Tue, Feb 10, 2009 - Page 5 News List

Senior opposition leader asks Anwar to step down

POINTING FINGERS After a setback for the alliance last week, the head of the Democratic Action Party said that Anwar Ibrahim had encouraged disloyalty


Fears of dissent roiled Malaysia’s opposition yesterday after a senior figure demanded that Anwar Ibrahim step down as the alliance’s leader following the loss of a key state to the ruling coalition.

Anwar’s three-party alliance is suffering its gravest challenge after several opposition lawmakers in Perak State switched allegiances last week.

The National Front coalition then wrested control of the northern state administration, which was one of an unprecedented five that the opposition won in general elections last March.

Malaysian Deputy Prime Minister Najib Razak orchestrated the takeover and is due to assume the premiership in late March in a bid to revive the government’s ebbing popularity.

The opposition said the takeover was unlawful and pledged to challenge it in court.

Karpal Singh, chairman of the opposition Democratic Action Party, blamed Anwar for the setback, insisting he encouraged notions of disloyalty when he made a failed attempt to oust the National Front through parliamentary defections after last year’s elections.

Karpal said on Sunday that the opposition should find another leader.

He said he had the backing of ordinary party members, but added that other top opposition officials “have fallen to the temptation, fallen to the rhetoric of Anwar Ibrahim in supporting crossovers.”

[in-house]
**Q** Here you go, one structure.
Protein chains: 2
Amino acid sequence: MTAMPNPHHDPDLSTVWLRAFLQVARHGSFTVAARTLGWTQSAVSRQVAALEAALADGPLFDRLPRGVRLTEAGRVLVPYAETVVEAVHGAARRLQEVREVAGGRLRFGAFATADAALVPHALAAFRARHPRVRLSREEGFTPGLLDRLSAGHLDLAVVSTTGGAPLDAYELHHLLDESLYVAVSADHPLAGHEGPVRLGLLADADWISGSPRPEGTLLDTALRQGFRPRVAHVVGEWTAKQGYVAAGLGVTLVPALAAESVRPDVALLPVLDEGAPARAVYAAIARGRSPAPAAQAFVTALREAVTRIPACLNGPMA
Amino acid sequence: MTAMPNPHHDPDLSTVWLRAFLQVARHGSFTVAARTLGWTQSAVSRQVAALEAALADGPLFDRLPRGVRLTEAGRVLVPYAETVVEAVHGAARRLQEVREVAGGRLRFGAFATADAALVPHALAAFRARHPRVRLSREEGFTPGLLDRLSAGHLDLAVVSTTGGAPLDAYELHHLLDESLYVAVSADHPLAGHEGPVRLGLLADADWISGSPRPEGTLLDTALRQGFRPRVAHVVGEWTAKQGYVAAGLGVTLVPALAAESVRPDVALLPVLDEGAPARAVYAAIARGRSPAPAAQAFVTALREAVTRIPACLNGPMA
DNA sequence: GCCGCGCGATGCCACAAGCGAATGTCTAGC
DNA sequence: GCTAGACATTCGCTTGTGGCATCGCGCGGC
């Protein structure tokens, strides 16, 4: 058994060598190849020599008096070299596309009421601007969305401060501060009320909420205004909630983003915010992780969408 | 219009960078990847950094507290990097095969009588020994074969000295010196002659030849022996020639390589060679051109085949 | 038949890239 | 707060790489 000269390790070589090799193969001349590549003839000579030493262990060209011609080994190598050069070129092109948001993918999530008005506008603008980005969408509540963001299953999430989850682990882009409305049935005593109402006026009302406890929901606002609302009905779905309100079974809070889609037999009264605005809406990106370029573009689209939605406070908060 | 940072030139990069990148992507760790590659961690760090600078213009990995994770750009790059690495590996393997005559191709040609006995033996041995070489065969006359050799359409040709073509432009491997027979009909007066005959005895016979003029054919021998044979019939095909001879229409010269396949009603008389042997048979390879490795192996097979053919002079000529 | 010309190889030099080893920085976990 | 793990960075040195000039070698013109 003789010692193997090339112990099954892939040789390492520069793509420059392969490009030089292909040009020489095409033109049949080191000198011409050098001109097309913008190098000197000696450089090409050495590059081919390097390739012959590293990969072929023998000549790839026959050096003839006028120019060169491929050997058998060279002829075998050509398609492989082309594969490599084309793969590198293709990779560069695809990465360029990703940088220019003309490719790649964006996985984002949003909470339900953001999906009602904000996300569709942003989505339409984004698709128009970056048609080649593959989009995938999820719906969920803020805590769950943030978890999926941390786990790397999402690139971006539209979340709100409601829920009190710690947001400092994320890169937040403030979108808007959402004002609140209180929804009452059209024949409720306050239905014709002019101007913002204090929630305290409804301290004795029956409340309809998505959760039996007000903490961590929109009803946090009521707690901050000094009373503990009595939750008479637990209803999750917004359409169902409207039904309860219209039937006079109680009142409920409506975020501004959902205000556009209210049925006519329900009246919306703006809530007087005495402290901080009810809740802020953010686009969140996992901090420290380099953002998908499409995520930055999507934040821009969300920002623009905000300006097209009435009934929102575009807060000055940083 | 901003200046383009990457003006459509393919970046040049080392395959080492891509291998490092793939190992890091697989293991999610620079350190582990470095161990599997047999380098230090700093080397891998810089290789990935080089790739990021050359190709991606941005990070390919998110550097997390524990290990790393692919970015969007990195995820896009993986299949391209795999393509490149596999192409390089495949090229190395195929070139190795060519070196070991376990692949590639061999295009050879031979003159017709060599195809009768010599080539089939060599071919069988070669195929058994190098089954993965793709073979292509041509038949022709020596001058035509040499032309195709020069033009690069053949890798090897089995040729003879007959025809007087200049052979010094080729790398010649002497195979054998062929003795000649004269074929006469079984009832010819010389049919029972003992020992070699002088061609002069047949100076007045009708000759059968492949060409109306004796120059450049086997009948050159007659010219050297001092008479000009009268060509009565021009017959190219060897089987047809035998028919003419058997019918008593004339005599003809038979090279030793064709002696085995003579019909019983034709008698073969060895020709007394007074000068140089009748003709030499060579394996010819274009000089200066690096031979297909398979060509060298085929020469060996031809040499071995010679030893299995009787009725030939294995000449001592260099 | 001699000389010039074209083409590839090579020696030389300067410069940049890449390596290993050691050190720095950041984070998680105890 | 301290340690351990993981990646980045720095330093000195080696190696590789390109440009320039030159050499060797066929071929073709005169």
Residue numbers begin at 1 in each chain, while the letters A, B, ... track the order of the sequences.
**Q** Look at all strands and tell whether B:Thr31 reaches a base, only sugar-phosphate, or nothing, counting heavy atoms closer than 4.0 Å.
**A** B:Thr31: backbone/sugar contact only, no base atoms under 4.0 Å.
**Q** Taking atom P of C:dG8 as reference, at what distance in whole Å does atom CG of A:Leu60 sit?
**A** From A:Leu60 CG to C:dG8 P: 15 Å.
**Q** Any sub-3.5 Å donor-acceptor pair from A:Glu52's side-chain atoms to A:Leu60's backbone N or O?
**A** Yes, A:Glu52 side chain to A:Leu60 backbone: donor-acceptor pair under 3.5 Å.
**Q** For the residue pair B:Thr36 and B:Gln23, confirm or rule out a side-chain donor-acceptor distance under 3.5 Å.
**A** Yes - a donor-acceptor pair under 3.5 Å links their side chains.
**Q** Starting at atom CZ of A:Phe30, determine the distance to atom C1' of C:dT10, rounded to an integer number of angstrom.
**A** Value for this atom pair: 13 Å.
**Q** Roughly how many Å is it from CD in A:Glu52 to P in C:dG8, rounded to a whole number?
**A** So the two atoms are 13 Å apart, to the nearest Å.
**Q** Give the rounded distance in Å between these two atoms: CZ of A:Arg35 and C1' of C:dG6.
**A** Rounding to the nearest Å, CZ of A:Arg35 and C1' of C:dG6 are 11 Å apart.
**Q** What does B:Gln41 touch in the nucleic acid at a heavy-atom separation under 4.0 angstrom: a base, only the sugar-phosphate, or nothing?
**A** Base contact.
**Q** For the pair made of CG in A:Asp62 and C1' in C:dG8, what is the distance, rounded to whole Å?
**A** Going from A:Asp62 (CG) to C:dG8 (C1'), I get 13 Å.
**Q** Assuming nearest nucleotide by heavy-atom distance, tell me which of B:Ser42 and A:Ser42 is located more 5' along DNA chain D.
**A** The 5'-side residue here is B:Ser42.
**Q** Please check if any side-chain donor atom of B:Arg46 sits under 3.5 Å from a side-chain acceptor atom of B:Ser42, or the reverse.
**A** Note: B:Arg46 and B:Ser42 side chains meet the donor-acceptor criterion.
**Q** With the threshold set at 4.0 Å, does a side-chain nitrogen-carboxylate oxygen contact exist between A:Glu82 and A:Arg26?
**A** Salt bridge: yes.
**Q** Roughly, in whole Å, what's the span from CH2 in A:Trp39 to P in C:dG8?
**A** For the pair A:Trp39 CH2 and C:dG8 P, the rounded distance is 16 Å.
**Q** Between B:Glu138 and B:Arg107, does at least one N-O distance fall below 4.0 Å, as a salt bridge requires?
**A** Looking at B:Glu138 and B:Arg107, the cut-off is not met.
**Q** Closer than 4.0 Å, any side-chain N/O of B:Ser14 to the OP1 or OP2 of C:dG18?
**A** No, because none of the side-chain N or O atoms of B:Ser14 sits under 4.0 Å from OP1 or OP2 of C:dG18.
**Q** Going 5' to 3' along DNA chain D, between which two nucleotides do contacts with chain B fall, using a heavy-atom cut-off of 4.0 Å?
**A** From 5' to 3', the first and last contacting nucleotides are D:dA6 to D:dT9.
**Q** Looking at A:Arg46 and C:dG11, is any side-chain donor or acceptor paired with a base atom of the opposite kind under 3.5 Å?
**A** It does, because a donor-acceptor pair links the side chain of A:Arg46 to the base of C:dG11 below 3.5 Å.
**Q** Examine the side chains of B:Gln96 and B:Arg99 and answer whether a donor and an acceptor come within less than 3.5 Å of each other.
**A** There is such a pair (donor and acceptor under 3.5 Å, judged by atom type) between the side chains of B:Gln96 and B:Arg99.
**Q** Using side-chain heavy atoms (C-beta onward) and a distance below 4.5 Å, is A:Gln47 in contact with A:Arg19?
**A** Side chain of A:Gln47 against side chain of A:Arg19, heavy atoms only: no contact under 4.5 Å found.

“Anwar Ibrahim has created enough trouble for the country,” Karpal told reporters.

Footage of Karpal’s news conference was widely posted on the Internet yesterday.

Anwar downplayed Karpal’s comments, telling a public rally late on Sunday that there was no bad blood between them.

Karpal’s call is unlikely to dislodge Anwar, who is credited with weaving an alliance of three ideologically different opposition parties.

But it signals a potential split among opposition officials over how to sustain their political momentum following last year’s electoral gains.

The National Front, which has governed Malaysia since 1957, held on to power with less than its longtime two-thirds parliamentary majority in last year’s elections, in which the opposition won an unprecedented 82 seats in the 222-member parliament and took control of five states.

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